Search strategy used in this review included the following string of terms: “Racism or Racial Discrimination” + “Child*” + “x . . ..” The third term (“x . . .”) included the following: health, health care, preventive services, screening, behavior, mental health, family, substance abuse, addiction, drug abuse, smoking, tobacco, stress, emergency, perinatal, preterm, birth weight, diabetes, asthma, pulmonary, cardiovascular, hypertension, gastrointestinal, sickle cell, genetic, screening, emergency, transplantation, renal, and obesity. This strategy was developed to search for all published data that tested the racism-as-stress models proposed by researchers and theorists and discussed above. Since our interest was in studying racism as a stressor that may have broad psychological and pathophysiological effects, “child health” was defined broadly. A child health study included those conducted on children up to college age as defined by the authors of the articles (although not including studies exclusively on college samples), as well as studies of prenatal care and pregnant women. Maternal depression was included since its effects are commonly presented in the child health literature as an important and salient contributor to child health status.
This search resulted in a list of over 4400 articles. Due to the medical subject heading algorithm use by MEDLINE, many of the search results did not actually relate to racism (for example, medical subject heading includes the general term “prejudice” when searching for “racism,” and the general term “discrimination” when searching for “racial discrimination”). Our criteria for inclusion in this review were that the article had to report on an empirical (i.e., data driven) study of a child health or health care condition that included a direct measure of self-reported racism as a main exposure (independent) variable, and be in the English language. An article title, abstract, and text were reviewed for inclusion, with exclusion of articles occurring at each stage of the review. In addition, the PubMed “related links” citations for each reviewed article were also reviewed for potential inclusion. For each identified article, additional retrospective and prospective citation searches were conducted as follows: (1) reference list of each reviewed article was examined to find older articles that fit the review criteria, and (2) an ISI Web of Knowledge Citation Index search was conducted on each article to find any subsequent publications that may have cited the initial article.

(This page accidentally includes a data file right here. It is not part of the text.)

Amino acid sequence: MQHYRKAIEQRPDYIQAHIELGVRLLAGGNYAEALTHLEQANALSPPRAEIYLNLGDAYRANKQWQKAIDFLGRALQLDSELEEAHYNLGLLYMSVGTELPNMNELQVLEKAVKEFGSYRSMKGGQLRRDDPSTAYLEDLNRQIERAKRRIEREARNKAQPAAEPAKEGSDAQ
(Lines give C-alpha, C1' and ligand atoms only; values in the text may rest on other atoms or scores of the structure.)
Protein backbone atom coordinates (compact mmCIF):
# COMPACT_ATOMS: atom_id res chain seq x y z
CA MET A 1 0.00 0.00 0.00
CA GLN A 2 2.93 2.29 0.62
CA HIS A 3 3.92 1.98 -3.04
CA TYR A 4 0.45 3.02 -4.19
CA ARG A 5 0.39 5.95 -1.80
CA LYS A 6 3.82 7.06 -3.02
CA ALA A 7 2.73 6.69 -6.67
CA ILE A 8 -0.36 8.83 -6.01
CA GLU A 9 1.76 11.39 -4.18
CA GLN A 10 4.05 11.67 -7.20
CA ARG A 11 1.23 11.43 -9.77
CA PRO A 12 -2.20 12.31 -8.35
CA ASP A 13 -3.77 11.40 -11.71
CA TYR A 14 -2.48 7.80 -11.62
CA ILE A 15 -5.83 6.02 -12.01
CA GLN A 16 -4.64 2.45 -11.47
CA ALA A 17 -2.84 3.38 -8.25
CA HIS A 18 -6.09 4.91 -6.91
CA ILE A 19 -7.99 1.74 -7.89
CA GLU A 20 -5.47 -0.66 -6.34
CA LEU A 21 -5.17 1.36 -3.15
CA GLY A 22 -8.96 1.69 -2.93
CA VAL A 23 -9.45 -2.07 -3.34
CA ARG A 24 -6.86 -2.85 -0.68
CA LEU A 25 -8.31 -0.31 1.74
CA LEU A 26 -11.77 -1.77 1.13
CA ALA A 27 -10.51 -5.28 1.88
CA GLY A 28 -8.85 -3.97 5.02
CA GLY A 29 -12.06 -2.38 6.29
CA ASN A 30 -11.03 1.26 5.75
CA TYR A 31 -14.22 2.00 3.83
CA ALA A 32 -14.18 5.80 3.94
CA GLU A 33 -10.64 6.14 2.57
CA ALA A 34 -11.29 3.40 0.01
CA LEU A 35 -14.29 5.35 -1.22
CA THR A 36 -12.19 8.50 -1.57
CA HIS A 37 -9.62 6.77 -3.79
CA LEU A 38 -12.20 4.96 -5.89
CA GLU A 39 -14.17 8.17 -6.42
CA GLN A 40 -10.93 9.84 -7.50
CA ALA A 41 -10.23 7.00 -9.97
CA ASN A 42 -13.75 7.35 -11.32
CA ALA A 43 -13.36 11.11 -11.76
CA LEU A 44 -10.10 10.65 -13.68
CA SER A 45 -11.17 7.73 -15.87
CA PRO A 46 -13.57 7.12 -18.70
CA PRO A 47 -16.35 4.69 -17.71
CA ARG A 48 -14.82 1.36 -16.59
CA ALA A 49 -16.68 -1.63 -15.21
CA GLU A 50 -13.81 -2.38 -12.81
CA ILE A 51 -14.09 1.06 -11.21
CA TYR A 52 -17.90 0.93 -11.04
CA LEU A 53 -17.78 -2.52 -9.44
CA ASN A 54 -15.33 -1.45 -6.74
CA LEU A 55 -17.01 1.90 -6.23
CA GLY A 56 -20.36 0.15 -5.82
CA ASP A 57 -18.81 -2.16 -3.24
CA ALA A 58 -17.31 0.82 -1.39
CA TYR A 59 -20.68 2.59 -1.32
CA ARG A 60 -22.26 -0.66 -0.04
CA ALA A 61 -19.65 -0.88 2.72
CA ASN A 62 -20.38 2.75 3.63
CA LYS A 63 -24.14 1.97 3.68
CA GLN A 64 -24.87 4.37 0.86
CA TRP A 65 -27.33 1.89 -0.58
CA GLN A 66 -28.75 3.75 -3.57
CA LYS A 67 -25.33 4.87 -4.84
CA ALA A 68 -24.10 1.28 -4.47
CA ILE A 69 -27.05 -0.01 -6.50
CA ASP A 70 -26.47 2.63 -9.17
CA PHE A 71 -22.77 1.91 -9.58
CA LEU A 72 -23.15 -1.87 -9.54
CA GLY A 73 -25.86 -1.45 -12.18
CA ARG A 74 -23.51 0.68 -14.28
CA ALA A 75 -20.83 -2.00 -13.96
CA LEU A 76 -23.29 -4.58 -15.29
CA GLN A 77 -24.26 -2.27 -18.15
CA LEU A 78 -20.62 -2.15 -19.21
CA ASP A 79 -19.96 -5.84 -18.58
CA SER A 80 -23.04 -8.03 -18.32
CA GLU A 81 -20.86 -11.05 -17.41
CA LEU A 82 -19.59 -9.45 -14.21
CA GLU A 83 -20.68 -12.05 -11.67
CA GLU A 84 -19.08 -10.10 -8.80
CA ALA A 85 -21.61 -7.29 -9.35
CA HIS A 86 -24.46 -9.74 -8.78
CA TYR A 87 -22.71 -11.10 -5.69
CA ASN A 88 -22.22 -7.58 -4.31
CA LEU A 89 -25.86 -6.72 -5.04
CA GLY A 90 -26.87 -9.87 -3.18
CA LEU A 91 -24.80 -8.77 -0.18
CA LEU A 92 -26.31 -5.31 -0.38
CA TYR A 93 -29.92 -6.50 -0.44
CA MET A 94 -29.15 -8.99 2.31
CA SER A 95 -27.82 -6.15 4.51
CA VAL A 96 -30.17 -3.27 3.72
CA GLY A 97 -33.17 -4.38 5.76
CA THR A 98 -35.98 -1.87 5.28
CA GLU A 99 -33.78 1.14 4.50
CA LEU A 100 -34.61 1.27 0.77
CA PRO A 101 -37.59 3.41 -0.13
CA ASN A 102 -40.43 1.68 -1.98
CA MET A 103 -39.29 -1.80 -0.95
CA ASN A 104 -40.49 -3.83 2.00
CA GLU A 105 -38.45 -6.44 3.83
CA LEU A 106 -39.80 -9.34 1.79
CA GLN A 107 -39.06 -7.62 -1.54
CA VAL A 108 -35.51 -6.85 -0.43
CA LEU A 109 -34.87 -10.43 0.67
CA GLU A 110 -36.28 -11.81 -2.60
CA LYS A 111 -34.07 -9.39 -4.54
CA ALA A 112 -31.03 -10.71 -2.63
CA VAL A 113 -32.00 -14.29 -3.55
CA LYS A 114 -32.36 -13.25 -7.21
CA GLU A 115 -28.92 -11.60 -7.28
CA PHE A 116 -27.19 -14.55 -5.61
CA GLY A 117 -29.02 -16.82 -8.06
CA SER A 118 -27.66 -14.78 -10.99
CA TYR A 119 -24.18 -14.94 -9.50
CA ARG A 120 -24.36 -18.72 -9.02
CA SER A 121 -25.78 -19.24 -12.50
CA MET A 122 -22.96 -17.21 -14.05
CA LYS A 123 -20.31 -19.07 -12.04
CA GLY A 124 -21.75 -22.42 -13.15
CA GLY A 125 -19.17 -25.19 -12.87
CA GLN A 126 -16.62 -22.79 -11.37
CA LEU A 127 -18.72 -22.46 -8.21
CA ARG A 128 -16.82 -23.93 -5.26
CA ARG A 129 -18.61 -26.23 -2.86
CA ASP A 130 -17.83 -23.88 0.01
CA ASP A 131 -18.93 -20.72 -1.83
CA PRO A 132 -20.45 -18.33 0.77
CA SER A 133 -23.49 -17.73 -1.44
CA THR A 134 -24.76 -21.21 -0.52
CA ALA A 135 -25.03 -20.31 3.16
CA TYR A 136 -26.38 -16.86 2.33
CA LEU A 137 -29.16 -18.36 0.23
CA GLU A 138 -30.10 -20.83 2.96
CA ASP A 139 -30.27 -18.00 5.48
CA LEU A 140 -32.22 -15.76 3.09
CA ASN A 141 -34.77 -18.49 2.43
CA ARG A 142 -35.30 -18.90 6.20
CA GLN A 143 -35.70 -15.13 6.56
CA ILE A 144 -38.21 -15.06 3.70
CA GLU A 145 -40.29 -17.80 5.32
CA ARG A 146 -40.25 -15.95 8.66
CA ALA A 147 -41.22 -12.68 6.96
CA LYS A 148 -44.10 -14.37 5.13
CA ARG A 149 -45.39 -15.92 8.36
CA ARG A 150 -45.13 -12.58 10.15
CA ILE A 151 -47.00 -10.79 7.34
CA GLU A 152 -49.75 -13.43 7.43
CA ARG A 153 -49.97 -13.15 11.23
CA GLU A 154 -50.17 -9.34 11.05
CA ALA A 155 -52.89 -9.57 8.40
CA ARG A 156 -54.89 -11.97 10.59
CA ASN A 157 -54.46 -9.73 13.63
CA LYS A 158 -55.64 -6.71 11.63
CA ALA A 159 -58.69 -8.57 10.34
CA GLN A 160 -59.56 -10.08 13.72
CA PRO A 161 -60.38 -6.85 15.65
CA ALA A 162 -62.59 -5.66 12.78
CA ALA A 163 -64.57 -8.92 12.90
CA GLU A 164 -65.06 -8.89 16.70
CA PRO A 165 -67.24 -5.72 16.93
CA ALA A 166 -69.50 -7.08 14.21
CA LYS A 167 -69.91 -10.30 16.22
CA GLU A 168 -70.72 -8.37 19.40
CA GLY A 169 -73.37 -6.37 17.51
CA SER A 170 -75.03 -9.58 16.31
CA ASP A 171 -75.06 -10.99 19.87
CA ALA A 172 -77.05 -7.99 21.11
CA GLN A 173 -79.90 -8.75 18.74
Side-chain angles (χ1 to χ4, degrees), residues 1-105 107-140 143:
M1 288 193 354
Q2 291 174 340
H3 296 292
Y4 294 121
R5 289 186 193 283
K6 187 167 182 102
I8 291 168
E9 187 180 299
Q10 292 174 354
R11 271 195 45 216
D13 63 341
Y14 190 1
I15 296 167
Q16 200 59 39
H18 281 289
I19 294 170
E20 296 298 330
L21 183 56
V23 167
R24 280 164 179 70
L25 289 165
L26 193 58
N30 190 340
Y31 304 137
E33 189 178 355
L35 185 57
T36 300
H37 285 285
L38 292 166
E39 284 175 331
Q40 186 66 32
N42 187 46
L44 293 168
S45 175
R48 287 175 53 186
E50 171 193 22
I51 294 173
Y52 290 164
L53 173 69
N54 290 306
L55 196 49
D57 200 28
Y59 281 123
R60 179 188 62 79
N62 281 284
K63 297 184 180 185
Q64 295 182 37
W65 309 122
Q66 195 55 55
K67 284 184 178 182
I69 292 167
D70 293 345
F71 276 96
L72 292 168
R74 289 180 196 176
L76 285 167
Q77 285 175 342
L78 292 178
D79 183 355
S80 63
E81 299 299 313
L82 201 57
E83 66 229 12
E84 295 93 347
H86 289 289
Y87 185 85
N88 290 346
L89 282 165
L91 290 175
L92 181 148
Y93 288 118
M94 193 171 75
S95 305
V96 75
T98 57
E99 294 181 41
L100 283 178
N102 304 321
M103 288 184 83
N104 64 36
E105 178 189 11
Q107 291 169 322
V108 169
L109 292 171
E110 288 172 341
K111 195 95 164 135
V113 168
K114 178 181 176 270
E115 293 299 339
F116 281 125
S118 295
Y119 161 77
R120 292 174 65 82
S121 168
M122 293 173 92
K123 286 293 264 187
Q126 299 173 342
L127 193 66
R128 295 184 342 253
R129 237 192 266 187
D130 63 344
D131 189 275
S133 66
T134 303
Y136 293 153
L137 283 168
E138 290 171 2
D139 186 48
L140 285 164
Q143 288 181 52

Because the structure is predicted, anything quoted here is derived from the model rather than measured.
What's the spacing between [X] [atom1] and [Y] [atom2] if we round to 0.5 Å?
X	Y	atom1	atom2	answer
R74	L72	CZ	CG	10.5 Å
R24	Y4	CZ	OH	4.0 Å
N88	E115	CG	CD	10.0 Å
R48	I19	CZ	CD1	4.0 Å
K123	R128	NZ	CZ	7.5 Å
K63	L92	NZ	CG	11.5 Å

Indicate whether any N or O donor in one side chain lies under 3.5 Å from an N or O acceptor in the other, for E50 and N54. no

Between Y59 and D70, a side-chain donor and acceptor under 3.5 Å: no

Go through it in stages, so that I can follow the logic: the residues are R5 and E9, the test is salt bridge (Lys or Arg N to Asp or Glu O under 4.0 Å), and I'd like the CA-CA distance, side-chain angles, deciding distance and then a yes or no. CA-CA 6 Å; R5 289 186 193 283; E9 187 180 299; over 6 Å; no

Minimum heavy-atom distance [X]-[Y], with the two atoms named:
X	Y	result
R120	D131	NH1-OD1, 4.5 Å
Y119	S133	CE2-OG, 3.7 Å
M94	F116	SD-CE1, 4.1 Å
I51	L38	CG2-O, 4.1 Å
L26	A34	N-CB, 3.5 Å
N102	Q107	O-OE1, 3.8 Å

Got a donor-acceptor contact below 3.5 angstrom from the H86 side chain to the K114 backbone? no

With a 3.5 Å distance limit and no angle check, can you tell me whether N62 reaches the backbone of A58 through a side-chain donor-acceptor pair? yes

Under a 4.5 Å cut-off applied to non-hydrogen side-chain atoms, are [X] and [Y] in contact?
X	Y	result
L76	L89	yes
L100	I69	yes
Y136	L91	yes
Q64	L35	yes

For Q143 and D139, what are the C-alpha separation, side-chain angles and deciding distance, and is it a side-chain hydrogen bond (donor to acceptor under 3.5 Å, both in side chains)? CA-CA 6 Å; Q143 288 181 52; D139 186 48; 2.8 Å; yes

Forty articles presenting empirical studies were identified. Twenty-six articles reported on the association of racism with behavior/mental health issues; 8 reported on racism vis-à-vis birth outcomes, 4 on cardiovascular health; 1 on satisfaction with care; and 2 on metabolic disease (1 included satisfaction with care as well). The Table and following discussion summarize the findings (Table 1).
Most studies on the effects of racism on child health pertain to behavioral, emotional, and mental health:
Self-reported discrimination as well as expectations of discrimination were associated with depressive symptoms, low self-esteem/self-worth, and anxiety in adolescents and in preadolescents.26–40 Only one of these studies showed no effect of racial discrimination on these outcomes.29
For example, a 5-year longitudinal study of 714 African-American adolescents from Iowa and Georgia who were 10 to 12 years of age at enrollment showed effects of perceived racism on depression and conduct problems.26 The longitudinal nature of this study allowed the researchers to conclude that perceived racism led to increased depression and conduct disorder, not the reverse. Results also showed that youth from higher socioeconomic status families were more likely to have perceived racism. Furthermore, the effects of racism were lessened by nurturant parenting and having prosocial peers.